Clockwise from top left: Beaufort, which has been habitat-limited by steep moraines to the east, a glacier to the north, and the ocean to the west and south; Bird, with a glacier to the east; Royds, with fast ice to the southeast; and Crozier colonies, both east and west, that are separated by a glacial field. Images are QuickBird-2, courtesy DigitalGlobe, Inc.

doi:10.1371/journal.pone.0060568.g001

Therefore, we hypothesized that a recently observed increase in breeding pairs and availability of nesting habitat at Beaufort was associated with glacial retreat, and explained a concurrent reduction in emigration from Beaufort to nearby colonies on Ross Island. Our study objectives were to: 1) estimate available habitat and population size of an Adélie penguin colony at Beaufort; 2) calculate change in available habitat and glacial retreat during 1958–2010 (the period for which images are available); and 3) better understand the dynamics within the Ross-Beaufort islands metapopulation.

Methods

The main Adélie penguin colony at Beaufort is located at the island's southwest coast (~76° 58′ S and ~166° 54′ E), approximately 20 km and 50 km north of Bird and Royds, respectively, and 40 km west of Crozier, all on Ross Island (Figure 2). To estimate population size (i.e., breeding pairs) at Beaufort during 1983–2010, we counted individual nesting territories using aerial photographs taken approximately 800 m above ground level just after onset of incubation (courtesy Landcare Research, New Zealand). We define “nesting territories” as sites occupied and defended by adults during the egg-laying and early incubation periods. We used photographs that were taken each year as close as possible to 1 December, a date on which the colony population was represented almost entirely by one member of each penguin pair incubating its eggs, and minimal numbers of non-breeders not on territories [15].

thumbnail

Figure 2. Locator map for our study area at Beaufort Island, Ross Sea, Antarctica.

Left, the location of the Ross Sea region; middle, the location of Beaufort Island and the locations of other Adélie penguin colonies on nearby Ross Island (A. Cape Bird, B. Cape Crozier, C. Cape Royds) and, right, the location of the main Adélie penguin colony on Beaufort Island.

doi:10.1371/journal.pone.0060568.g002

To determine changes in available nesting habitat, we gathered aerial photos taken during the penguin incubation period in 1958, 1983, and 1993 (0.19–0.38 m resolution; USGS, US Navy), and high-resolution satellite images from 2005 and 2010 (0.6 m resolution; copyright DigitalGlobe, Inc.). In ArcGIS 10, we georeferenced images with tie points (e.g., boulders, cliff peaks) on Beaufort to overlay images exactly. Differences between image resolutions meant we were unable to directly delineate actual nest space. Instead, we calculated available habitat (m2) for the colony per image year (Figure 3) by tracing the maximum extent of the current-year guano stain and subtracting area of unsuitable habitat (i.e., snow and ice cover) within colony boundaries. We interpreted the current-year guano stain by viewing panchromatic (i.e., grayscale) images; active guano areas had a brighter spectral signature than rock or remnant guano stains. We also delineated the edge of the ice field to the north of the colony (Figure 3) on each image to understand decadal environmental changes.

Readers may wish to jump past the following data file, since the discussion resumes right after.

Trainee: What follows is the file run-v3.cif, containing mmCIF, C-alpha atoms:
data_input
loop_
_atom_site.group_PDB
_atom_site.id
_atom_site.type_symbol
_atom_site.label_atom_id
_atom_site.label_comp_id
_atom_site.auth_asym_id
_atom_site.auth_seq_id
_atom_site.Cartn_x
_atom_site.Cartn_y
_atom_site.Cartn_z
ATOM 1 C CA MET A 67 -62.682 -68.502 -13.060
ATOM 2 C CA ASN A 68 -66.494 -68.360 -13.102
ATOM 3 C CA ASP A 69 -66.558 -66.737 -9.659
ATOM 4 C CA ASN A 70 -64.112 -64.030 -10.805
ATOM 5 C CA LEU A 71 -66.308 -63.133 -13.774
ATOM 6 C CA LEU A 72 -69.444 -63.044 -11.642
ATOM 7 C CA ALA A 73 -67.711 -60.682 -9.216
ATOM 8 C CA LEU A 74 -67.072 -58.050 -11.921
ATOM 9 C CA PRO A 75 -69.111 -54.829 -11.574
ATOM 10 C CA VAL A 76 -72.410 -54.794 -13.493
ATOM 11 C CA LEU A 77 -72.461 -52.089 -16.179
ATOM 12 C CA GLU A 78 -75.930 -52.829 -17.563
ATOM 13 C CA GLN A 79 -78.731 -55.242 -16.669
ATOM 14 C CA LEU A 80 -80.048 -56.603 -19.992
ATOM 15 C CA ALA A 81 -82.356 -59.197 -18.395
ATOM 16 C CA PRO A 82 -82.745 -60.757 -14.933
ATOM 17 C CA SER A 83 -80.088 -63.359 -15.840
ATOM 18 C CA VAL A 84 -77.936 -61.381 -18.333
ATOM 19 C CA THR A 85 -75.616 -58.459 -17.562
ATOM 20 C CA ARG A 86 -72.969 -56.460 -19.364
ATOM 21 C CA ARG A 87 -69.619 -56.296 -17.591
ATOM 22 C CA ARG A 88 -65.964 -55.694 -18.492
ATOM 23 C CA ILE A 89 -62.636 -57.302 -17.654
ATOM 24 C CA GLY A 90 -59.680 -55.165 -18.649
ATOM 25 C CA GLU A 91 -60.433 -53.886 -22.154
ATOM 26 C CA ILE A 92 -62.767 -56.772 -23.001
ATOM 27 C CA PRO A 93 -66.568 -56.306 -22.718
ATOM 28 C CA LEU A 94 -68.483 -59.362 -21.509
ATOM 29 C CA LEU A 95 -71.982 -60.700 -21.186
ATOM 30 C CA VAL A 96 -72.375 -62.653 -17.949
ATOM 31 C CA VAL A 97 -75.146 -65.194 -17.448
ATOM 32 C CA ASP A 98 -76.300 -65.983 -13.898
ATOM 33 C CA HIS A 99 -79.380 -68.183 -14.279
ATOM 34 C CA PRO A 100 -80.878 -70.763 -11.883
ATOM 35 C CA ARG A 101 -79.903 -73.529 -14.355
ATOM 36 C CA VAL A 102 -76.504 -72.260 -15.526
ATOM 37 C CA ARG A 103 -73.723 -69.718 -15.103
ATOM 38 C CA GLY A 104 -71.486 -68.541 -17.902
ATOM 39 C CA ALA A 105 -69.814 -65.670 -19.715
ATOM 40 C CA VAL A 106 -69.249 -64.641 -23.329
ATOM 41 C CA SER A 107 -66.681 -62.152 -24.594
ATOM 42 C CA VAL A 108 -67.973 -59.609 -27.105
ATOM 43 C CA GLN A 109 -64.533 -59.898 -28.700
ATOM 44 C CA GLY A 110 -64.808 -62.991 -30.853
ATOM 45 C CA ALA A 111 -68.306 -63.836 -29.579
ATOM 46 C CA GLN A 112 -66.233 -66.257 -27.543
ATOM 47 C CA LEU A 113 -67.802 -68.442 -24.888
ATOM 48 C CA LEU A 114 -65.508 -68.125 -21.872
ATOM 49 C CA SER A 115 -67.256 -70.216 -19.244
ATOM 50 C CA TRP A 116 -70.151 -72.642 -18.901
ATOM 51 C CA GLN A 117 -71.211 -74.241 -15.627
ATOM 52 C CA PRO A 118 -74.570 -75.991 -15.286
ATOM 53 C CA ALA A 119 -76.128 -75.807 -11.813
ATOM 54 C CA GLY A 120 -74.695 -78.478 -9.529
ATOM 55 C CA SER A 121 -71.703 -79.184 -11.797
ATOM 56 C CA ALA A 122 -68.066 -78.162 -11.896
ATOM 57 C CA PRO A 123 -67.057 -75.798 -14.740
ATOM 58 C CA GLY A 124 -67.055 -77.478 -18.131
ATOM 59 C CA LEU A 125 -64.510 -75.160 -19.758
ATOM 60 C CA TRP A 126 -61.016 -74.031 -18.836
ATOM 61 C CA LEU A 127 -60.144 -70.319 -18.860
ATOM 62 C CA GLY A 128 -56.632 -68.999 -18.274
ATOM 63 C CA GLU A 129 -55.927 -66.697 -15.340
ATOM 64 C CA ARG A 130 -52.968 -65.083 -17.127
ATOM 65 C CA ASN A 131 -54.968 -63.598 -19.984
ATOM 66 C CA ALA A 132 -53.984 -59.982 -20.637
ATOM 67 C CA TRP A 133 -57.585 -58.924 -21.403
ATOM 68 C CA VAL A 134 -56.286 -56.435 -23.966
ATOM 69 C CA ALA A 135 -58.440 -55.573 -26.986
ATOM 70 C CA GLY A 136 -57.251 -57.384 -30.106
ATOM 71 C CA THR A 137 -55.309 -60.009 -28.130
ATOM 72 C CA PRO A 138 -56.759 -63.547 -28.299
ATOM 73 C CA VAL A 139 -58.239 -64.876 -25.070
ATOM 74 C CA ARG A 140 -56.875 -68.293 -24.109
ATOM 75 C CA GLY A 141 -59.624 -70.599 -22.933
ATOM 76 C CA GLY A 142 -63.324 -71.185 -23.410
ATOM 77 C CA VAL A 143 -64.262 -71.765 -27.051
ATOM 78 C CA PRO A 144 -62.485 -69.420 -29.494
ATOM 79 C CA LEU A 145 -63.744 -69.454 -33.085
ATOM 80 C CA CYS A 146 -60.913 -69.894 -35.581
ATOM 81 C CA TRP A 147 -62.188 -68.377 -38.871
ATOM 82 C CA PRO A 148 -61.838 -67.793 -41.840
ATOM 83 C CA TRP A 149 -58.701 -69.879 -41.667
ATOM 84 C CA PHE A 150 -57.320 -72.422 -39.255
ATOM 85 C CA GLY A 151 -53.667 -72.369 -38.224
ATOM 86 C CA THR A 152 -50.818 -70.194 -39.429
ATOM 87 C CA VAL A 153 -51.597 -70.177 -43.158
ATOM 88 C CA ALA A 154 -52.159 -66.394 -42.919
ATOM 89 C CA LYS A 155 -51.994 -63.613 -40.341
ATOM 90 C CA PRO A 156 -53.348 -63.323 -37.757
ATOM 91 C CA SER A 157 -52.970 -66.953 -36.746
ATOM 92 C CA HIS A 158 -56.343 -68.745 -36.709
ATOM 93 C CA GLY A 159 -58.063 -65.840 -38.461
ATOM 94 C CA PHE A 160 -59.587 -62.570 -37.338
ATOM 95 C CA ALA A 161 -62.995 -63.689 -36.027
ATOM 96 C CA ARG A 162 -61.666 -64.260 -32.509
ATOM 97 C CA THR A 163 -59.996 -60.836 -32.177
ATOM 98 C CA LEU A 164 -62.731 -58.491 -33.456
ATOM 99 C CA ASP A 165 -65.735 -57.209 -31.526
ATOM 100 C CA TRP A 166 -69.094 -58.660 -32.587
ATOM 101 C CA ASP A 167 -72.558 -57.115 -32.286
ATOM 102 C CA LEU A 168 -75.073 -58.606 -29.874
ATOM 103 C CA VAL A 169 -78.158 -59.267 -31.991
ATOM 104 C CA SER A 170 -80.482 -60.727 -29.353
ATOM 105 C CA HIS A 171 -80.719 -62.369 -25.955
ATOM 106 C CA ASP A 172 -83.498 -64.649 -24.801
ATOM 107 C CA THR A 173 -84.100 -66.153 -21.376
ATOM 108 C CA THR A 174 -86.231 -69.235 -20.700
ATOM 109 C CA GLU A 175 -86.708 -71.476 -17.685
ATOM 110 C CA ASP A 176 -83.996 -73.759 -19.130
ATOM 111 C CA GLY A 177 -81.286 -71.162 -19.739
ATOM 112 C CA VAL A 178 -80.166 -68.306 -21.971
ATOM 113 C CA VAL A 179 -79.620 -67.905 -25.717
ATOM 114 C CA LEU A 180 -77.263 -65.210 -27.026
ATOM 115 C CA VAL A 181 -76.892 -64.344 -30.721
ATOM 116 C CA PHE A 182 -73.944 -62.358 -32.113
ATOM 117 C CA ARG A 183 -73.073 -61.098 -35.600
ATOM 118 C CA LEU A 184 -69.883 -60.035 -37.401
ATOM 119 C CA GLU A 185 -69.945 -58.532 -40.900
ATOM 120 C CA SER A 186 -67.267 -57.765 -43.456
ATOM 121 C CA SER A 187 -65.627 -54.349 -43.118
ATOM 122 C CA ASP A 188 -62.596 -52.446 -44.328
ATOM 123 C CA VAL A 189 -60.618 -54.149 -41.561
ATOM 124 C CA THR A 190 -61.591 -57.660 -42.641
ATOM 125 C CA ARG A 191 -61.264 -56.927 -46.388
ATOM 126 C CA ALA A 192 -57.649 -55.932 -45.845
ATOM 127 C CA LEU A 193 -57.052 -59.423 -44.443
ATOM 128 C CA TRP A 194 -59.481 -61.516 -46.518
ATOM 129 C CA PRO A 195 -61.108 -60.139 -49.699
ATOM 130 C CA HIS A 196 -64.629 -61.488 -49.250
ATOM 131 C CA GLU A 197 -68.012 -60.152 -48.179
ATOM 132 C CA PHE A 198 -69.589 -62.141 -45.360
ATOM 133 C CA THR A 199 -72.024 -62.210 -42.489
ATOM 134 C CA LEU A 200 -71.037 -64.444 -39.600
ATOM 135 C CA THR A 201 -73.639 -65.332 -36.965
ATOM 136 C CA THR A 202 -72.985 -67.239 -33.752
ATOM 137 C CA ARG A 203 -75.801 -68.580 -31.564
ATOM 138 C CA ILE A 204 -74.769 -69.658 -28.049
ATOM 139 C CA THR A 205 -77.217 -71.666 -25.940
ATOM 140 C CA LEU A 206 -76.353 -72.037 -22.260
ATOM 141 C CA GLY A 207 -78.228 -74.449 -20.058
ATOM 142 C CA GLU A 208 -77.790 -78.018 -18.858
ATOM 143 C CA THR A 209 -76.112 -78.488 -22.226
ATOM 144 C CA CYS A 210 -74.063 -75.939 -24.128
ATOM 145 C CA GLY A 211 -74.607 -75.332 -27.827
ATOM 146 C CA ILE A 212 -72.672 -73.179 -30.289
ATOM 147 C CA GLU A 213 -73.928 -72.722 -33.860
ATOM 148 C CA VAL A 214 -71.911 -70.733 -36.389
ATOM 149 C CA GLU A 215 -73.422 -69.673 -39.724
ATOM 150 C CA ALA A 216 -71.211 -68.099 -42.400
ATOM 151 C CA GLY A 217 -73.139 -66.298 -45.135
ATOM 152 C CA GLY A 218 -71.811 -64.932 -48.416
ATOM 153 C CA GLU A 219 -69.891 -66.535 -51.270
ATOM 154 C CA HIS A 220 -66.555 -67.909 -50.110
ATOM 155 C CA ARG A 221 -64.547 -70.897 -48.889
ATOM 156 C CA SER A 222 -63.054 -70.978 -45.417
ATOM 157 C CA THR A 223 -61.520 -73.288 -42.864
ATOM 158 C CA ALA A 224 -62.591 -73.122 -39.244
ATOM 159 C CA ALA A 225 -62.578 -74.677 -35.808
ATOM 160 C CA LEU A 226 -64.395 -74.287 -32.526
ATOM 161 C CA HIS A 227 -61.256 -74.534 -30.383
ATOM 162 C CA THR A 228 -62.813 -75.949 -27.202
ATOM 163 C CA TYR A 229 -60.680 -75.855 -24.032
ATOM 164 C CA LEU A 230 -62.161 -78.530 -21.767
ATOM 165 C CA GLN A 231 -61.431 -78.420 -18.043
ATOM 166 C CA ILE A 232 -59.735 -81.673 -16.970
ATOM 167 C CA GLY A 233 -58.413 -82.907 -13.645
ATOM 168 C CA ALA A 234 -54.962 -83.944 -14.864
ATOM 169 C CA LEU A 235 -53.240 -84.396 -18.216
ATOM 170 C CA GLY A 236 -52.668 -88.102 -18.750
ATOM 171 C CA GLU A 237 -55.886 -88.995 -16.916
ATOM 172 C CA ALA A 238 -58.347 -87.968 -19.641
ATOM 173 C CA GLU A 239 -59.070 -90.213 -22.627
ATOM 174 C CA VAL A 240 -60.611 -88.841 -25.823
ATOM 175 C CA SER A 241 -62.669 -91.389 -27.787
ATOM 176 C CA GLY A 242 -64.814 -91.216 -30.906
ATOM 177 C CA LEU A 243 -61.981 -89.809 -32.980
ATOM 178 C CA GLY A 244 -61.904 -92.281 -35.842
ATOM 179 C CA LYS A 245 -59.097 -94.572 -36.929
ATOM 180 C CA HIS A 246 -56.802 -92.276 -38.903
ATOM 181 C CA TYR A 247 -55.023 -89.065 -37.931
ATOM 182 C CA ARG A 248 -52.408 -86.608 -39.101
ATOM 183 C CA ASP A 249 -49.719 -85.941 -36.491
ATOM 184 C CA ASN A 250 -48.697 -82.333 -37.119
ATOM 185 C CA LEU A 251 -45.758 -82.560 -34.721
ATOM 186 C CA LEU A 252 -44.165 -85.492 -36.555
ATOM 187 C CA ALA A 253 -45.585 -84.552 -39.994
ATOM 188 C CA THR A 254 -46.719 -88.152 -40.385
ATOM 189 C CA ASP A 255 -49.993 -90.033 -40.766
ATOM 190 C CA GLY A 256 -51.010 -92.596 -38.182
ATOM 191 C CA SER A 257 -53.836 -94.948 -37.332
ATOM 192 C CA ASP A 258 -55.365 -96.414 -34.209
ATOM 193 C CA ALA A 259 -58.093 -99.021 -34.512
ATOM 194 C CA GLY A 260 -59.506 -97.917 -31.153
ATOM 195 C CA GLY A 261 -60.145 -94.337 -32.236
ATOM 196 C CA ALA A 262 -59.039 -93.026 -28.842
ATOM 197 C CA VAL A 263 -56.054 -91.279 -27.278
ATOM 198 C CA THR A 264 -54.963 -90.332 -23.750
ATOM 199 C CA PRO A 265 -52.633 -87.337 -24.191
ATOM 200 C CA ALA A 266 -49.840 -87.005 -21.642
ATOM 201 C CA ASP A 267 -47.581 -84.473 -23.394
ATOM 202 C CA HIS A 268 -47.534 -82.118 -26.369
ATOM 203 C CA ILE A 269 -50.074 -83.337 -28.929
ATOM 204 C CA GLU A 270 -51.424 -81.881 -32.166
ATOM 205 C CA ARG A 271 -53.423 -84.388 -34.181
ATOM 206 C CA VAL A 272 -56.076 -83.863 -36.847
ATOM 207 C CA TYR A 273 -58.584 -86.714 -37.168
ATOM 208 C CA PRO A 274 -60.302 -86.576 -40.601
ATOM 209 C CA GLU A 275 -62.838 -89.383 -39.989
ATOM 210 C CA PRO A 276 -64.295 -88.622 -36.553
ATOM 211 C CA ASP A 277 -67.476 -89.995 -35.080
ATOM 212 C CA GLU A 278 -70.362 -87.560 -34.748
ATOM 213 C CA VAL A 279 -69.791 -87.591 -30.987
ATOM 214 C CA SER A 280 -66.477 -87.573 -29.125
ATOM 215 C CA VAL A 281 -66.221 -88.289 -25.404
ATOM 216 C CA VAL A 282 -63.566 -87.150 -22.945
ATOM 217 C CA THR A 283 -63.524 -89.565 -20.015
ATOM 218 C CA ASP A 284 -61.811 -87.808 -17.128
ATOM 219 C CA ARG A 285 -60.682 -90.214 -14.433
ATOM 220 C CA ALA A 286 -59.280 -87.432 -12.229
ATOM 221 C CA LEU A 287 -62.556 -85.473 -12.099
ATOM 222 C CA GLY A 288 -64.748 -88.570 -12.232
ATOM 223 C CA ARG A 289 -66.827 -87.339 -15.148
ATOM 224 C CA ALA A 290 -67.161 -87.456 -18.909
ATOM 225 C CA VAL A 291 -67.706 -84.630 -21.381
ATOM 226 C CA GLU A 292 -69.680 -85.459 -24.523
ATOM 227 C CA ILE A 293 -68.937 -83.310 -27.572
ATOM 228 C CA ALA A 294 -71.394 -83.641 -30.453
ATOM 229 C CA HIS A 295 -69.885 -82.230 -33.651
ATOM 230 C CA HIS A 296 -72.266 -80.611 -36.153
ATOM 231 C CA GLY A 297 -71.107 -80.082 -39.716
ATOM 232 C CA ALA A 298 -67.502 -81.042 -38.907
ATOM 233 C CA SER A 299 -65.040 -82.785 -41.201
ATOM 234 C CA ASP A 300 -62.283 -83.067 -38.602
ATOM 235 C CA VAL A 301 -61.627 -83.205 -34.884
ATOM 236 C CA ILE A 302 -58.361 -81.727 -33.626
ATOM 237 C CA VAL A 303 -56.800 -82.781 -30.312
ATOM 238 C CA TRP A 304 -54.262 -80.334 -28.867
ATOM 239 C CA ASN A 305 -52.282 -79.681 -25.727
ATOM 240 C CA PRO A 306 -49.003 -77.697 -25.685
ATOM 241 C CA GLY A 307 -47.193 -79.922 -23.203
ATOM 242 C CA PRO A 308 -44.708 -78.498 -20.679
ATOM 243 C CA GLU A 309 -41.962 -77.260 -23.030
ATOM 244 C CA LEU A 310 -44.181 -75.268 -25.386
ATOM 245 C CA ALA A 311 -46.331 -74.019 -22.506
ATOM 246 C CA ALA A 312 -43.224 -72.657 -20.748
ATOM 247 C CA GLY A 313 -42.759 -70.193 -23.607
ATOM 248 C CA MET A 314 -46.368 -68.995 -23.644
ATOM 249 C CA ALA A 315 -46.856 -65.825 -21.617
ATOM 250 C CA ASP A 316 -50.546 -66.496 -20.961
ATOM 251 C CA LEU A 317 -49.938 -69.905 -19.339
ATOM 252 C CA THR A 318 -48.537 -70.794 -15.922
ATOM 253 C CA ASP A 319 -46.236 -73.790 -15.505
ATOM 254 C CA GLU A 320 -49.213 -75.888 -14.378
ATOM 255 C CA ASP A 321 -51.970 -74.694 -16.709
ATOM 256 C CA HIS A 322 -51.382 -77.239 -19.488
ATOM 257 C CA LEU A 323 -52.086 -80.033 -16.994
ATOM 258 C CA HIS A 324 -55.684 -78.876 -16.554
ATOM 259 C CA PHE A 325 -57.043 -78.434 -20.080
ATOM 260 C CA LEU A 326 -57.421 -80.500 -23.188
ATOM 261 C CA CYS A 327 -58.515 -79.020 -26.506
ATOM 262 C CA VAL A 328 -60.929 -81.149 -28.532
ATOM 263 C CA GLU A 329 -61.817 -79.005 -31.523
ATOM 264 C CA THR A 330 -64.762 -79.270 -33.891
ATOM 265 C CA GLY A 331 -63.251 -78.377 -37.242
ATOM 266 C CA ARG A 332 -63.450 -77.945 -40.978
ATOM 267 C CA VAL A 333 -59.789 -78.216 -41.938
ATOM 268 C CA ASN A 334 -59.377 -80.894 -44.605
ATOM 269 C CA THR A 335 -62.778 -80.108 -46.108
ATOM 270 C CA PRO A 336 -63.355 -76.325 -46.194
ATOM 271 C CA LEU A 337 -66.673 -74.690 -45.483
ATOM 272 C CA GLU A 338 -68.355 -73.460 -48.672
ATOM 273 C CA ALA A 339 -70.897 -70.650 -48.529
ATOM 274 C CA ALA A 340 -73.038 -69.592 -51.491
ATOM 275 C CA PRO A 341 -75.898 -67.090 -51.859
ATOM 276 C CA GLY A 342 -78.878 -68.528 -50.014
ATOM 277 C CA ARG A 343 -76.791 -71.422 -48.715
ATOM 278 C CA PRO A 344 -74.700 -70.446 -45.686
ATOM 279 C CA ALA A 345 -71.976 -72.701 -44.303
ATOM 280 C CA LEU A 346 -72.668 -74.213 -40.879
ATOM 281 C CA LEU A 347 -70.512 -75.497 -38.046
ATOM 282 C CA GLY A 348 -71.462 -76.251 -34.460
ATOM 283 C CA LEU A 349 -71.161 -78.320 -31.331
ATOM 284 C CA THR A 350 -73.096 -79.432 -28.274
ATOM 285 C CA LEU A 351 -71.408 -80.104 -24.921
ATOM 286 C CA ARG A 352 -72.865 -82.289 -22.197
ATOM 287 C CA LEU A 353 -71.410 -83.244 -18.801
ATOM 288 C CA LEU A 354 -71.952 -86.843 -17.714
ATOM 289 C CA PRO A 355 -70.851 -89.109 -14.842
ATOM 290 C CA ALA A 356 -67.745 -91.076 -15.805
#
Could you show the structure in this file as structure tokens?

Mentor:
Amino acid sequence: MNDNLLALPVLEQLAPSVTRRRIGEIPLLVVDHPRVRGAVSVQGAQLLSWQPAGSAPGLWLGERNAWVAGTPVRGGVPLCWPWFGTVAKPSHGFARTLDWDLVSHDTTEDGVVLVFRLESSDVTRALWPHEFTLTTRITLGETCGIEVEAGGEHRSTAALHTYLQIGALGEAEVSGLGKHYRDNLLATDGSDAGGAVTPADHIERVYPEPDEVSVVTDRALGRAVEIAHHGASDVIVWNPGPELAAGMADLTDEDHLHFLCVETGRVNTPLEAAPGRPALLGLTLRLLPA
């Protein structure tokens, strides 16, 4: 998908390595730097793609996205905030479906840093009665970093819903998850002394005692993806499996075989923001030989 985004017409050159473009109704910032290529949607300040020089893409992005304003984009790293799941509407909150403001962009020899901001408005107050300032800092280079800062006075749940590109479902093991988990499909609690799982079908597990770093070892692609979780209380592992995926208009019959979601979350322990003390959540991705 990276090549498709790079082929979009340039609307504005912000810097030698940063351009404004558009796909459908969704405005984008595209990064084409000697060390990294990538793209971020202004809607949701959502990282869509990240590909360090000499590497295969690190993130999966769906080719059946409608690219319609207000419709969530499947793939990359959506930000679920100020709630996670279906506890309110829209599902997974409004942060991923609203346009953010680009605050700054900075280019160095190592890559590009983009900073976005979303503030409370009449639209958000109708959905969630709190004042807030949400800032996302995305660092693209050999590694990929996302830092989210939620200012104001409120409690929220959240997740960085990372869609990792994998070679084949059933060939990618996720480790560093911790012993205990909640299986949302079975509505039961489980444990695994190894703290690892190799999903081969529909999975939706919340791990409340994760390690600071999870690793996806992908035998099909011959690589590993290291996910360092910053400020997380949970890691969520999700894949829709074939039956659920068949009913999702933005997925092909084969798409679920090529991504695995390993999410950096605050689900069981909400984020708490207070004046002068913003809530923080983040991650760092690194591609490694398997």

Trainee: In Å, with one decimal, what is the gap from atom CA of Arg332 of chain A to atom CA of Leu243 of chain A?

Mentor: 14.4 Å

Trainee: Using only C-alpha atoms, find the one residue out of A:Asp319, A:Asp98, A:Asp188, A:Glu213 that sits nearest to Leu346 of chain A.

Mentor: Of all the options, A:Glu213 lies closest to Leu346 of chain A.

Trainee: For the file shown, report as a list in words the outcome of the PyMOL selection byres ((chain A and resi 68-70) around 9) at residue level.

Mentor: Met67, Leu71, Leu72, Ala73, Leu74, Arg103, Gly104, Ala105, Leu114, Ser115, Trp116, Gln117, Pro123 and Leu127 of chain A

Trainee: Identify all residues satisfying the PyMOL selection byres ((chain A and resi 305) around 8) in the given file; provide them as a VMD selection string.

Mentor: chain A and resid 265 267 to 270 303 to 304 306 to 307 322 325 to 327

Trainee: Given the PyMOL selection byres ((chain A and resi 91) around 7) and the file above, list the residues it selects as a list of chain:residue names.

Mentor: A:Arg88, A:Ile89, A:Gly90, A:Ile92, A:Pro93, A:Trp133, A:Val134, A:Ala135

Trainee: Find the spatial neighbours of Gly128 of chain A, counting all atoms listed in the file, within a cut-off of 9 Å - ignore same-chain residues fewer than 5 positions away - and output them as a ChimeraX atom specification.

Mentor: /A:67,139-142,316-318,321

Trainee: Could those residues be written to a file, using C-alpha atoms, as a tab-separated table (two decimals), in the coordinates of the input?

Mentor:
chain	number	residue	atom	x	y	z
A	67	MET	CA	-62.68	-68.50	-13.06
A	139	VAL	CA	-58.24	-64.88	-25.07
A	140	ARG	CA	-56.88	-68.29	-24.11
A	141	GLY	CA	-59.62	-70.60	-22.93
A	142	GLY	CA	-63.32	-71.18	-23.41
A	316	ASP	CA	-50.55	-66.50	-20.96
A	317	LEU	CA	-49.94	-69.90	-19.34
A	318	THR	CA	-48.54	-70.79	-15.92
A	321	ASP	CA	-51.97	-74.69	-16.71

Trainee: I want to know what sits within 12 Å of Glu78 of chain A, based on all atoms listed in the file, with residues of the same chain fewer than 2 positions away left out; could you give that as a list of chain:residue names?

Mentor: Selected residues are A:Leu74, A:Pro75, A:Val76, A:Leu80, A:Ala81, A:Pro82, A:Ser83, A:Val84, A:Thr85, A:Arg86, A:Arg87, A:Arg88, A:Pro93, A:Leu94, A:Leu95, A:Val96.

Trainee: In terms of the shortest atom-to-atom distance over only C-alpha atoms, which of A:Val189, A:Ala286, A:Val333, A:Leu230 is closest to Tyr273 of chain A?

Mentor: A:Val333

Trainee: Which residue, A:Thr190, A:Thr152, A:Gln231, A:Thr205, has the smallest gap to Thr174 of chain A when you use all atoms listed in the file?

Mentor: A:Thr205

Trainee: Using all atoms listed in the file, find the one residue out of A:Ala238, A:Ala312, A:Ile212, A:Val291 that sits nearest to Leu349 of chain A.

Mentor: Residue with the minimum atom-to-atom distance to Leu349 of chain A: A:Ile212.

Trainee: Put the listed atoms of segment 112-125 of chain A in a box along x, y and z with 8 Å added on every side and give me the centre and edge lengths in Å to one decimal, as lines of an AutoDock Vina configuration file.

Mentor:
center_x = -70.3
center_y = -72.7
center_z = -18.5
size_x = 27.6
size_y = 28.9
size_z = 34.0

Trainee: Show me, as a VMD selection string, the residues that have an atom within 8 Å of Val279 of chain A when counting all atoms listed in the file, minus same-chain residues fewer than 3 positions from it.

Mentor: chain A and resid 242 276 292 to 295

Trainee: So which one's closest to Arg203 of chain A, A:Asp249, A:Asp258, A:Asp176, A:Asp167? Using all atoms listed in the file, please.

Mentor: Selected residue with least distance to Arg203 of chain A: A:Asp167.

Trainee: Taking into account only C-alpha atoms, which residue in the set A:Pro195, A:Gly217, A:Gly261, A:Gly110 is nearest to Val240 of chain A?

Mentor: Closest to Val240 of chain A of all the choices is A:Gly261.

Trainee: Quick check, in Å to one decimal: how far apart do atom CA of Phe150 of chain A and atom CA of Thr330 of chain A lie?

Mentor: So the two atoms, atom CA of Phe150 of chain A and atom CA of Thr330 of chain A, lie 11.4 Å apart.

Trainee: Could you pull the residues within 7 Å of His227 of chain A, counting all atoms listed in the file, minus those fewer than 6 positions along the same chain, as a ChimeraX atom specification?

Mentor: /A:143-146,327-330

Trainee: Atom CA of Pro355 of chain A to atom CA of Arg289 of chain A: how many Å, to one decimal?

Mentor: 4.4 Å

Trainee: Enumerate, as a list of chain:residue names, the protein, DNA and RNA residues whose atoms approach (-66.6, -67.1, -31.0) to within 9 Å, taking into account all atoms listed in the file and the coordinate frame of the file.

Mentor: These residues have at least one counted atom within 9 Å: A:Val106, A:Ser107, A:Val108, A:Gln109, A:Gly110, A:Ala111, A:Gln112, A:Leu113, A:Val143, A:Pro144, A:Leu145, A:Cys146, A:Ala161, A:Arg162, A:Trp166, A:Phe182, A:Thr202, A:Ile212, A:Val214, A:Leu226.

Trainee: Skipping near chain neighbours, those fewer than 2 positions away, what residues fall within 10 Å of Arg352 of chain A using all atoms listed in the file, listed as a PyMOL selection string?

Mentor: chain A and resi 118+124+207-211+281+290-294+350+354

thumbnail

Figure 3. Changes in snow and ice cover and spatial extent of the Adélie penguin colony at the southern end of Beaufort Island, Antarctica, from 1958–2010 using air photos and high-resolution (0.6 m) satellite imagery (copyright DigitalGlobe, Inc).

During the early years, best seen in the 1958 and 1993 image, snow covered the area, with penguins nesting on bare mounds and ridges.

doi:10.1371/journal.pone.0060568.g003

We addressed changes in movement of penguins between Beaufort and colonies on Ross Island by marking 400 near-to-fledging chicks per year at Beaufort during 1999–2010 (excluding 2005 and 2008, when we could not reach Beaufort at the appropriate time of the season). We then intently searched for banded birds at Ross Island colonies in subsequent years (to 2011) and recorded band numbers and reproductive status [20]. Each colony was completely searched every 2–7 days throughout the breeding season, and high annual resighting probabilities of banded birds (>70%) indicate the comprehensive nature of the effort [20]. Problems of access to Beaufort meant we could not band-search there sufficiently enough each year to estimate survival or detection rates via mark-recapture directly [20], [21]. However, we used age-related survival rates from Bird and Crozier to adjust the number of Beaufort-banded individuals within each age-cohort each year that should have been alive and detectable at Royds, Bird, or Crozier during 2001–2011. The result is the proportion of banded Beaufort birds seen at one of the other three colonies, relative to the total number of Beaufort-banded birds potentially alive each year; here we define this as a measure of the “emigration rate” from Beaufort to other colonies.

Finally, to address changing weather patterns, we gathered all available temperature records from McMurdo Station (available at http://www.antarctica.ac.uk/met/READER/), which is located on Ross Island. We then calculated changes in annual summer (averaged monthly November-February) temperatures during 1958–2010.

Results